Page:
There are currently more than 100 types of chemotherapy drugs on the market. Ingredients vary widely and generally include either chemical, plant, or synthetic components.

Chemotherapy refers to medications that are commonly used to treat cancer. They may be used alone or in combination with other treatments.

There are currently more than 100 types of chemotherapy drugs on the market. The type of chemotherapy a person receives depends on several factors, including:

  • the type, location, and stage of the condition being treated
  • the goal of the treatment
  • the health and medical history of the person receiving the chemotherapy

Because there are so many different types of cancer, scientists are constantly looking for treatments to effectively target specific cancer types. This has led to an increase in cancer survival rates, as well as chemotherapy options.

This article reviews what we know about chemotherapy, including what it does, what it’s made of, and how it works.

Chemotherapy drugs are grouped by their chemical structure. These groups allow doctors to make informed decisions on which drugs will work best together to manage and remove cancerous cells.

The primary types of chemotherapy drugs are:

DrugHow they workSide effects
Alkylating agentsdamages cell DNA and prevents it from making copies of itselfcan cause leukemia
Antimetabolites interferes with cell DNA by acting as a substitute for DNA and RNA building blocks and prevents it from making copies of itselfcan cause liver damage
Antitumor antibioticsinterferes with enzymes that copy DNA during the cell cycle and bind with DNA, which prevents the cell from copying itselfcan damage the heart
Mitotic inhibitorsdamages enzymes that make proteins that are needed for cell reproductioncan cause nerve damage
Steroids (corticosteroids)reduces the body’s immune response, helps mitigate pain, and manages side effects and symptoms of other chemotherapies when used togethercan prevent nausea, vomiting and severe allergies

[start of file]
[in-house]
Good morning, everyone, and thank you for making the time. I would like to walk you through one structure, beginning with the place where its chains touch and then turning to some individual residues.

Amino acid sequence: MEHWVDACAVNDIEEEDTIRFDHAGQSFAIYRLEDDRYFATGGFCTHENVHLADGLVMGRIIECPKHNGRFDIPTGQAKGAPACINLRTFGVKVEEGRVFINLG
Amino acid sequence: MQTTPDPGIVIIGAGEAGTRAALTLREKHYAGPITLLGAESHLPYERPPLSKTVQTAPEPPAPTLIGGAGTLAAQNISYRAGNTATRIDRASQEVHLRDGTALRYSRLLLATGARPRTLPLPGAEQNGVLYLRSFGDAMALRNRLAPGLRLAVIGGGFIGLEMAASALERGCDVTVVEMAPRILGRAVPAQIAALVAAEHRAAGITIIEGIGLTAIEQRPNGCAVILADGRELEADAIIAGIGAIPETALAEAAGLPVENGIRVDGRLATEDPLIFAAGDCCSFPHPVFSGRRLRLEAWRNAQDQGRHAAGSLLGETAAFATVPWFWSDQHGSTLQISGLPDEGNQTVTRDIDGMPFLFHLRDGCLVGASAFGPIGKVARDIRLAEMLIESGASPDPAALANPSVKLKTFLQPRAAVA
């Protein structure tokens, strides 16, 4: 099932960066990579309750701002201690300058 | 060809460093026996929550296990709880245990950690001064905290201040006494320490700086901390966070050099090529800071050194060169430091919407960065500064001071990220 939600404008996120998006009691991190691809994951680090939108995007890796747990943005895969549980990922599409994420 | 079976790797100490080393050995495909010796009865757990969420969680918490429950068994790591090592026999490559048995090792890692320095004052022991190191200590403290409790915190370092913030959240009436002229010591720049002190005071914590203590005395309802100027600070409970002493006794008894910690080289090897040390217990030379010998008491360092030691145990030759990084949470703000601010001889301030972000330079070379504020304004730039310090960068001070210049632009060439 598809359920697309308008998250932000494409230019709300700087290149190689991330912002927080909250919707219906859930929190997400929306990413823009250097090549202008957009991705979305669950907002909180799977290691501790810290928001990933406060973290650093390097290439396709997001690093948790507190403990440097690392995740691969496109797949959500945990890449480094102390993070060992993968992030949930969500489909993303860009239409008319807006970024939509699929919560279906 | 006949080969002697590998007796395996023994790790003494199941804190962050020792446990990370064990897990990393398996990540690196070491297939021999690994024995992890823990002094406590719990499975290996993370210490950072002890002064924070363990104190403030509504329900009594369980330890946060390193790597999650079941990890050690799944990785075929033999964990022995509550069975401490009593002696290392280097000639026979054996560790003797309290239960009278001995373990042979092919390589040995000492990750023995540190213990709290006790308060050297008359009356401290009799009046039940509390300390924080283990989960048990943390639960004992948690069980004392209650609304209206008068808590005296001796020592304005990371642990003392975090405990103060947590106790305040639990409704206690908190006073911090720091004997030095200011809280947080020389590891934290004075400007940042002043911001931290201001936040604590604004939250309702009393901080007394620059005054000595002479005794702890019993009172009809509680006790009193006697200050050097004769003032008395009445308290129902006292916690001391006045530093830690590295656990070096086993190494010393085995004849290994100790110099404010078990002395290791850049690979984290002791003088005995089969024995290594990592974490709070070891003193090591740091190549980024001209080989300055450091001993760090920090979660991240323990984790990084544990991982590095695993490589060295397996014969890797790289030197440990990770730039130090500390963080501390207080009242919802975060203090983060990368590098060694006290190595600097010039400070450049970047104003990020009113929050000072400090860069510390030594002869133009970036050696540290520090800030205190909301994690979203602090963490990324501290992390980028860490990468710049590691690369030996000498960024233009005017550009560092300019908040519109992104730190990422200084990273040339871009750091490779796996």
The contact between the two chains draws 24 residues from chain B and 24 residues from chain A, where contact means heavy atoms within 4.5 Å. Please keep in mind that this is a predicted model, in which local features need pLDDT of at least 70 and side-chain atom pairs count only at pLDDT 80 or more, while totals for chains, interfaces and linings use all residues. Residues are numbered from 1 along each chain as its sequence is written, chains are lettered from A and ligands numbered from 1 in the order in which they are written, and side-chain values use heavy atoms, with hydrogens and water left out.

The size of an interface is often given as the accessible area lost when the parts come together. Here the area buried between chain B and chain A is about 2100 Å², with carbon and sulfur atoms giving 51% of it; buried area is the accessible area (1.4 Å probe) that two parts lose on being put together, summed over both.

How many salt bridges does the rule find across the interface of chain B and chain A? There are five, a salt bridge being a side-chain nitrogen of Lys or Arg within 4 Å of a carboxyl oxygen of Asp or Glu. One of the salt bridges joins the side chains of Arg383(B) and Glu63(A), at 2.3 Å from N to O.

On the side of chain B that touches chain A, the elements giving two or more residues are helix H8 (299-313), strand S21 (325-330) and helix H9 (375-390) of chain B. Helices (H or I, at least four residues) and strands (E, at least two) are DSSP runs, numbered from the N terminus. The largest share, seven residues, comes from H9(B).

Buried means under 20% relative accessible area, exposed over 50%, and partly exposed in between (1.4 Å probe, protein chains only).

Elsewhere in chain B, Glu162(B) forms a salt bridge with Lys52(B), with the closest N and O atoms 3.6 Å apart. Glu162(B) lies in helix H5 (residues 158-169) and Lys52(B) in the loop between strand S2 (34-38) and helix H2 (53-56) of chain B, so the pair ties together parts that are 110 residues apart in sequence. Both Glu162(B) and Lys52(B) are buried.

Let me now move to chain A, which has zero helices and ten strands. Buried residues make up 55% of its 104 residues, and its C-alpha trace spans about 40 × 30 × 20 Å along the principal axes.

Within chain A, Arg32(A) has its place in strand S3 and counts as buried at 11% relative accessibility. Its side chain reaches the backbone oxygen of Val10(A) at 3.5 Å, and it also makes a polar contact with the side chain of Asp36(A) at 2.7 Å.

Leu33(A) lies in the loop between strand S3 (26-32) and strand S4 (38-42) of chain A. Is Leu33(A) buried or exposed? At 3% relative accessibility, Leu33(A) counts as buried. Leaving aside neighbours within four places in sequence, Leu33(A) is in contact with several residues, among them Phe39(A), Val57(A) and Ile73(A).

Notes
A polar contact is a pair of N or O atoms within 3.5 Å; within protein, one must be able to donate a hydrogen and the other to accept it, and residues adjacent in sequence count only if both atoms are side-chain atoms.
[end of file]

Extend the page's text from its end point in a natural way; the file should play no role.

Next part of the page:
Topoisomerase inhibitorsinterferes with enzymes that allow the DNA to be copied, preventing the cell from copying itselfcan increase the risk of a secondary cancer

Ingredients for chemotherapy treatments vary widely and generally include either chemical, plant, or synthetic ingredients:

The way chemotherapy works depends on the type of chemotherapy administered. Not all chemotherapy treatments work the same way.

Chemotherapy medications may be given intravenously (via intravenous [IV] infusion), orally, or topically.

Traditional chemotherapy is the most common type of chemotherapy. It works throughout your body, so it’s called a “systemic” treatment.

Chemotherapy medications target cells that are cancerous or that are growing too fast and spreading to new parts of your body. They aim to eliminate the cancer cells but can’t distinguish between healthy and sick cells. This means the chemotherapy often ends up killing healthy cells, as well.

In all cases, chemotherapy either damages your cells or interferes with cell production by making changes to them on a DNA or RNA level.

The ingredients for many chemotherapy drugs work in your body by reducing or removing cell function.

In traditional chemotherapy, both healthy and sick cells are targeted, which can leave your body vulnerable to protection. In other forms of chemotherapy, there are additional physical side effects from treatment.

The most toxic forms of chemotherapy, which can lead to irreversible toxicity, include alkylating agents, topoisomerase inhibitors, and antimetabolites.

Some of the more common side effects of chemotherapy can include:

Some of the potentially rare side effects of chemotherapy may include:

  • secondary cancer
  • heart damage
  • nerve damage
  • liver damage
  • severe allergies

When administering chemotherapy, doctors take safety precautions to ensure that your side effects are limited.

This may include having you wear specific types of clothing or other protective equipment. You may need to wear gloves while taking oral administrations. Steps may also need to be taken to lower the chance that others come into contact with the chemotherapy. This includes:

  • cleaning laundry that has bodily fluids on it
  • flushing toilets twice
  • keeping living areas clean

Though treatments for cancer have improved significantly over the last decade, there’s still much to learn about chemotherapy and how it affects a person receiving this type of treatment.

The type and dosage of chemotherapy assigned to a person is based on several factors, including the health and history of the person and the type and stage of cancer.

To make the process of prescribing chemotherapy easier, doctors have grouped chemotherapy options according to their properties. This allows them to make more personalized and customized chemotherapy regimens that will be more effective for treating someone’s cancer.

Despite the side effects that happen with most types of chemotherapy, mortality rates for people with certain types of cancer have noticeably reduced. Ongoing research will continue to find more effective forms of chemotherapy for all types of cancer.